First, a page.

Jan. 8 is the third anniversary of the Tucson, Ariz. shooting that killed six people and wounded 13 others, including Rep. Gabrielle Giffords. Today, Giffords continues to call for persistence in the fight for gun control and has revealed for the first time that she now has movement in her right arm.
Take a look back at her miraculous recovery.
Giffords, a Democrat, was only the third woman in Arizona history to be elected to Congress after first winning the 8th Congressional District in 2006.
Considered a "Blue Dog" Democrat, she won her third House term in 2010 despite the Republican leanings of the district she represents.
In 2007, Giffords married NASA astronaut Mark Kelly, who would rarely stray from her side during her long and arduous recovery.
In this image taken Jan. 8, 2011, Giffords speaks with constituents the same day she was shot in the head during an appearance outside a Safeway store in Tucson.
Giffords and 18 others were shot during the "Congress On Your Corner" event. Six of them died, including a federal judge, a Giffords aide and a 9-year-old girl.
Giffords was shot in the forehead at point blank range by 22-year-old Jared Loughner, who has since been found incompetent to stand trial for the killings. Here, Kelly sits by Giffords' bedside in the hospital.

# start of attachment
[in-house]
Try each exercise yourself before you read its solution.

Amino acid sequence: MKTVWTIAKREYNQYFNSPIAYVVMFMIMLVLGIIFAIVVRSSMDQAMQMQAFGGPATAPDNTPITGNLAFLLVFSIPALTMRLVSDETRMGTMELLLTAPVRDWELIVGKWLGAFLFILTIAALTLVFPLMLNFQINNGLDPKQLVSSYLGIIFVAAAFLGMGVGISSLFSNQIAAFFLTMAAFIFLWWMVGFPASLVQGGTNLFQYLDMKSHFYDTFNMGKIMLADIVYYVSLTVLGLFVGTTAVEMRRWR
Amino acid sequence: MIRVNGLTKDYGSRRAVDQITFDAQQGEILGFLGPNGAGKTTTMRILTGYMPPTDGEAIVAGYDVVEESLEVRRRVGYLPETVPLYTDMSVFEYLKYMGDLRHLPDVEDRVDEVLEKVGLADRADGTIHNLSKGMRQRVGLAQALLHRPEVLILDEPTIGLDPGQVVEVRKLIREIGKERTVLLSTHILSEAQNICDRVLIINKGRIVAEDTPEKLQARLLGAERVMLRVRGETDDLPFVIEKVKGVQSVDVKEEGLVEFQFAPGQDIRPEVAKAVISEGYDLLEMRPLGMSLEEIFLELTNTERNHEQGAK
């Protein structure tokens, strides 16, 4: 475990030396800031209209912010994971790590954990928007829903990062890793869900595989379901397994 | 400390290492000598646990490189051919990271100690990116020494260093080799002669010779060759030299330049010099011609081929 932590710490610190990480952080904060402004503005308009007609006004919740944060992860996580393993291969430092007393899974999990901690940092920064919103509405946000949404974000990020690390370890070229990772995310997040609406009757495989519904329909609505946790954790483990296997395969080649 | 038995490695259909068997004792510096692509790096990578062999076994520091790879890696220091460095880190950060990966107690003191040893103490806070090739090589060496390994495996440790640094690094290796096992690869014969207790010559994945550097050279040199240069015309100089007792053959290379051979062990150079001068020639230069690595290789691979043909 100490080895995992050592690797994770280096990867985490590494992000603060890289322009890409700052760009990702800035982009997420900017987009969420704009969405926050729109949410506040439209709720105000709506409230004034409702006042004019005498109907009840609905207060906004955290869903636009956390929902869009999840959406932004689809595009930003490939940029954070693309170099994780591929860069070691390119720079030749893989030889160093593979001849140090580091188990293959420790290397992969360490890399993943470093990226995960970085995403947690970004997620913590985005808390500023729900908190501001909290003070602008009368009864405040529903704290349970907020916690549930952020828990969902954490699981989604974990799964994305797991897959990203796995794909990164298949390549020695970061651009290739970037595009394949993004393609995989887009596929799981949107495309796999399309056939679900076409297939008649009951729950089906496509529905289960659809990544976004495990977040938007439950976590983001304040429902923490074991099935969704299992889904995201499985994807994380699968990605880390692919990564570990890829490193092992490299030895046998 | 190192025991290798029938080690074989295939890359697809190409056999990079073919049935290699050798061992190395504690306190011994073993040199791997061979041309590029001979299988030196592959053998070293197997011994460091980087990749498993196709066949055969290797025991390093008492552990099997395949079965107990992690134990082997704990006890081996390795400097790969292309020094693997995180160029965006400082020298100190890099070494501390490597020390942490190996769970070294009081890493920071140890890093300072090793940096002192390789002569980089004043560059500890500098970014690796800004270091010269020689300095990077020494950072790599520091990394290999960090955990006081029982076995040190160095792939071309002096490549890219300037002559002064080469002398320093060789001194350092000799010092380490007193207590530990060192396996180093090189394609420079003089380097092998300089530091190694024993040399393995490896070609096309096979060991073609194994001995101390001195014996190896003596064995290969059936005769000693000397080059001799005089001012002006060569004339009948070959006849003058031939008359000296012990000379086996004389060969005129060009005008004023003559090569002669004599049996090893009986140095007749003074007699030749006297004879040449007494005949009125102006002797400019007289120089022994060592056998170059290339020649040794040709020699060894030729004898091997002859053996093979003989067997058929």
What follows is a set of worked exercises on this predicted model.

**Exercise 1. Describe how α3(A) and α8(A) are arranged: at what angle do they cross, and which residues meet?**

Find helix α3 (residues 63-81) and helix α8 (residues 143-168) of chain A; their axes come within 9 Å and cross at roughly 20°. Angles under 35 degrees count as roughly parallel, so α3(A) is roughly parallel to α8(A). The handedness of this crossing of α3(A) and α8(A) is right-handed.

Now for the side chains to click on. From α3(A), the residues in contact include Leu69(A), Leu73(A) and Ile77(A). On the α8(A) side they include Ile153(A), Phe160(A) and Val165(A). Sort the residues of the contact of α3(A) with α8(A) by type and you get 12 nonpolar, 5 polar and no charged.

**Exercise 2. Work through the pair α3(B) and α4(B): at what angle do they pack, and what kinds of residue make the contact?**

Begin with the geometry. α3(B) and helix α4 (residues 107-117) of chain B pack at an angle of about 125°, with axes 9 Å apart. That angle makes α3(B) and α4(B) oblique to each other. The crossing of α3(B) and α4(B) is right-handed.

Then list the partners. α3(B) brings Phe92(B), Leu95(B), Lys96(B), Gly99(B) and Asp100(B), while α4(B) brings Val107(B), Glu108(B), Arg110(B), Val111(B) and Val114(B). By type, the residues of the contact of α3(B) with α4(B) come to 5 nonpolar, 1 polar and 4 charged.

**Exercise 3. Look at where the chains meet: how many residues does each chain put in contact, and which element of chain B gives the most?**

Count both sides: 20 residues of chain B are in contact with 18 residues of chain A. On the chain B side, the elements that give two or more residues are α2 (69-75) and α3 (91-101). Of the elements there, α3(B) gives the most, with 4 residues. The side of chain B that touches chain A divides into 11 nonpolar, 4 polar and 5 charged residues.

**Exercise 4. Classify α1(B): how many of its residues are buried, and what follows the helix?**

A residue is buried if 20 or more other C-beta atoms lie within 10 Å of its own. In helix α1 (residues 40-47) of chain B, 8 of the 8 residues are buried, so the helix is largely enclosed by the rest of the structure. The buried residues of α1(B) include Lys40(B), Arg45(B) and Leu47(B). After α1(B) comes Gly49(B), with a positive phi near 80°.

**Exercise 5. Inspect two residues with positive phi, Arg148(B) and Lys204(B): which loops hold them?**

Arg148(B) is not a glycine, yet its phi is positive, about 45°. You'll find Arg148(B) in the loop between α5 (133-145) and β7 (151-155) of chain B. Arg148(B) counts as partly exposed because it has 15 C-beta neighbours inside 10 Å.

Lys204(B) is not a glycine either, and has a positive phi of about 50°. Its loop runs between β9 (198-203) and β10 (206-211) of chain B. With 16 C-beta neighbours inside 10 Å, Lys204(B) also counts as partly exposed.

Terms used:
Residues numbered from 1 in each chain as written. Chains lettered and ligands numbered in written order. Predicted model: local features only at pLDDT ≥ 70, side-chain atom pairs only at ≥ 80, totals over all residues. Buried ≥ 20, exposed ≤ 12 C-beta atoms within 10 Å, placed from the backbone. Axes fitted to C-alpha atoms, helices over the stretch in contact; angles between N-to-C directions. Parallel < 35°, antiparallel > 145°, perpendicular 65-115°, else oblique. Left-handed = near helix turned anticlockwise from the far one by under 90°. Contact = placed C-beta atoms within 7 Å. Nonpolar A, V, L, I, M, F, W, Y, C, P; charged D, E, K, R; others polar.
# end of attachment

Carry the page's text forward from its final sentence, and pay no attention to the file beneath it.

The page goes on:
Giffords spent months in the hospital and rehab. This is among the first photos of her released after the shooting on her Facebook page.
On Aug. 1, 2011, Giffords received a standing ovation from both parties when she returned to Congress to cast her vote on a bill to raise the U.S. borrowing limit.
Giffords hugs her husband Oct. 6, 2011, after he received the Legion of Merit from Vice President Joe Biden during Kelly's retirement ceremony in Washington, D.C.
A joint memoir by Giffords and Kelly, “Gabby: A Story of Courage and Hope”, with co-author Jeffrey Zaslow, was published in November.
In December 2011, she and her husband served a holiday meal to local troops.
For a while, Giffords kept her spot in Congress and was unsure whether she would run for re-election, although she continued to struggle with language and has lost 50 percent of her vision in both eyes at that point.
Giffords announced she planned to step down from Congress in a video on Jan. 22, 2012. She said she still needed time to recover, but she also vowed to return.
Ron Barber, who was Giffords' district director when he was also injured in the 2011 shooting, won Giffords' seat in a special election after her resignation. In 2012, he won a narrow victory to keep the seat during the general election.
Giffords and Kelly announced the launch of the anti-gun violence site Americans for Responsible Solutions on the second anniversary of the shooting.
Giffords was joined by Kelly during the Glamour Magazine Women of the Year event in New York, November 11, 2013. Giffords has been presented with several other awards during her recovery, such as the 2013 John F. Kennedy Profile in Courage Award.
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